The Second Vatican Council in Roman Catholicism, 1962-1965, which was the first "ecumenical" church council of Roman Catholics since Vatican I in 1869-1870, was convened by Pope John XXIII with the explicit purpose of aggiornamento , that is, updating the church to function in modern society.
According to Roman Catholic teaching, an ecumenical council consists of all cardinals and bishops assembled to consider church affairs and who are institutionally empowered to affect the teaching, pastoral policy, and self-organization of the church. The mandate given by Pope John XXIII to the council fathers was to adapt church structures to the needs and methods of our times.
The 16 conciliar decrees that resulted from the four council sessions created major changes in the theology and practices of the Catholic Church worldwide. These changes are summarized by Dulles (1988) as follows: (1) aggiornamento , that is, updating, modernization, or adaptation of the church to the mid-twentieth century; (2) reformability of the church, that is, the admission that the church has committed errors in the past, accepts responsibility, and is intent on reformation; (3) renewed attention to the Word of God, focus upon the Scriptures, and liturgy in the vernacular so that people can understand the message of God; (4) collegiality, that is, the view of the pope as head of the college of bishops with each bishop governing his diocese in consultation with his priests, religious, and laity; (5) religious freedom, or the approval of civil tolerance for all faiths and the rejection of any coercion in the sphere of belief; (6) active role of the laity, that is, expansion of roles for the laity in divine worship, in pastoral councils, and in the mission of the church; (7) regional and local variety, or the recognition that diversity of customs, language, and observances enhances the richness of the church; (8) ecumenism, or reverence for the heritage of other Christian churches; (9) dialogue with other religions, both Christian and non-Christian alike, that establishes dynamic tension between dialogue and the need for mission activities so that Christ may be acknowledged among all peoples; (10) social mission of the church, establishing the apostolate of peace and social justice as a continuation of Christ's compassion on the poor and oppressed.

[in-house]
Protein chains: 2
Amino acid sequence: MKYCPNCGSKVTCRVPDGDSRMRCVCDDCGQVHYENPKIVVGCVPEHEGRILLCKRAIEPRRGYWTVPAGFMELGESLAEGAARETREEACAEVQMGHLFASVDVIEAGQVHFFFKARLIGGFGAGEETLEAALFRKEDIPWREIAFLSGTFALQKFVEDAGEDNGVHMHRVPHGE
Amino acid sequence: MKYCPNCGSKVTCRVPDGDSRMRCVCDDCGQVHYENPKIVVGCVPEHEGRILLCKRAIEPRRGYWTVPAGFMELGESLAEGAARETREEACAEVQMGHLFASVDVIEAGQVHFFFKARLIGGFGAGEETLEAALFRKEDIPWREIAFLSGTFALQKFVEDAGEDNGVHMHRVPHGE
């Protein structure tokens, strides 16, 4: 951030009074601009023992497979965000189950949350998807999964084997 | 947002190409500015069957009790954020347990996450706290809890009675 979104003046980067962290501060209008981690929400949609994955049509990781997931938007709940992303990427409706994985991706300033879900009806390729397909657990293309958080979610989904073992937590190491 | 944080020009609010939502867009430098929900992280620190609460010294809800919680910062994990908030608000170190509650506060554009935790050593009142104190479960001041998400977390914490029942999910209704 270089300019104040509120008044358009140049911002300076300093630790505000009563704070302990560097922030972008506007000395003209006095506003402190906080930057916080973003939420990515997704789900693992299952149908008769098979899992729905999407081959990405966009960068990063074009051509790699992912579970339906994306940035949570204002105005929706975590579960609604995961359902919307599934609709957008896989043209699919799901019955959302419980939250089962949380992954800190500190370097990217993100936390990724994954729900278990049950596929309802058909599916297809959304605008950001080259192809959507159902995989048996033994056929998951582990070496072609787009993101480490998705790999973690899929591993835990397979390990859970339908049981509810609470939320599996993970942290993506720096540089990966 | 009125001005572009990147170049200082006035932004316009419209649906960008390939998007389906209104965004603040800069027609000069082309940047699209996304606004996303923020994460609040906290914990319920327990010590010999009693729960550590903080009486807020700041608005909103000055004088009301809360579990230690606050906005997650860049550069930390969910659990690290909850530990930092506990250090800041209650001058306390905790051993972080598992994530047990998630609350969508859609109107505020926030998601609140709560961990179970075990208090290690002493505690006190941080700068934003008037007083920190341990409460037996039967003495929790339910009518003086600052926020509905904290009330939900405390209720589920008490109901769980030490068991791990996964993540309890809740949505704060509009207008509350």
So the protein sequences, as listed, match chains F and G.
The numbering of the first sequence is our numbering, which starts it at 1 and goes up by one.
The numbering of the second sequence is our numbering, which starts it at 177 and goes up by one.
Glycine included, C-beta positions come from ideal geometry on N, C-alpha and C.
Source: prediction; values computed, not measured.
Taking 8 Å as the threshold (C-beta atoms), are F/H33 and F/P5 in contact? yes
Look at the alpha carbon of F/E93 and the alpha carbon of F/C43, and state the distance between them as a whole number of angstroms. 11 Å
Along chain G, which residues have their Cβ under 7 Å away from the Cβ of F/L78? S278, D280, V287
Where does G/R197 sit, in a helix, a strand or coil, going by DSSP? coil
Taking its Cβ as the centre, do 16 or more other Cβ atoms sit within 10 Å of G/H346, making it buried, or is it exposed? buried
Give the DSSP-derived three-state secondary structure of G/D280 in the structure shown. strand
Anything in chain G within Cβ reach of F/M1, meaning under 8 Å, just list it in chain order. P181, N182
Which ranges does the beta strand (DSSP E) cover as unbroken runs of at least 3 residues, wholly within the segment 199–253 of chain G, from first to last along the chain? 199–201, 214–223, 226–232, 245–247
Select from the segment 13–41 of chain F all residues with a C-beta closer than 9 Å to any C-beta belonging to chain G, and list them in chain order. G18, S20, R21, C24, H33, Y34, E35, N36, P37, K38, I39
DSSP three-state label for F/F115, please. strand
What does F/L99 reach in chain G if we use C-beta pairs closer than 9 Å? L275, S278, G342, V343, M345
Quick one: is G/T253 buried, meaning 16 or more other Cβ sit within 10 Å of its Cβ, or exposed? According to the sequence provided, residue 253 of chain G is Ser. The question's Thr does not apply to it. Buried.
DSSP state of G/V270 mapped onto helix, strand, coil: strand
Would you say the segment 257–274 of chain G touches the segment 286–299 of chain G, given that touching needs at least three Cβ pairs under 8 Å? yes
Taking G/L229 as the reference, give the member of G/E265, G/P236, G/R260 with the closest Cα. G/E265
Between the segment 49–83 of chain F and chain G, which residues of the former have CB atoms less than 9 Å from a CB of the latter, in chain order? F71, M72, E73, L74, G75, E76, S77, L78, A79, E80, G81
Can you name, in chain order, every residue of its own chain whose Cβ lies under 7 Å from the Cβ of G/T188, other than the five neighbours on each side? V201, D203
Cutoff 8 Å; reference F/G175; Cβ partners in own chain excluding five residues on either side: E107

While many Catholics lauded the changes effected by Vatican II, there also arose a reactionary movement whose members accused the church of succumbing to the heresy of modernism. The conflict between the liberals and conservatives in the postconciliar church remains unsettled. However, there is widespread agreement among both Catholics and non-Catholics that the post-Vatican II Catholic Church is very different from the church that existed prior to the Second Vatican Council.
Helen Rose Ebaugh
G. Burns, The Frontiers of Catholicism (Berkeley: University of California Press, 1992)
A. Dulles, The Reshaping of Catholicism (San Francisco: Harper, 1988)
H. R. Ebaugh (ed.), Vatican II and U.S. Catholicism (Greenwich, Conn.: JAI, 1991)
W. McSweeney, Roman Catholicism (New York: St. Martin's, 1980).
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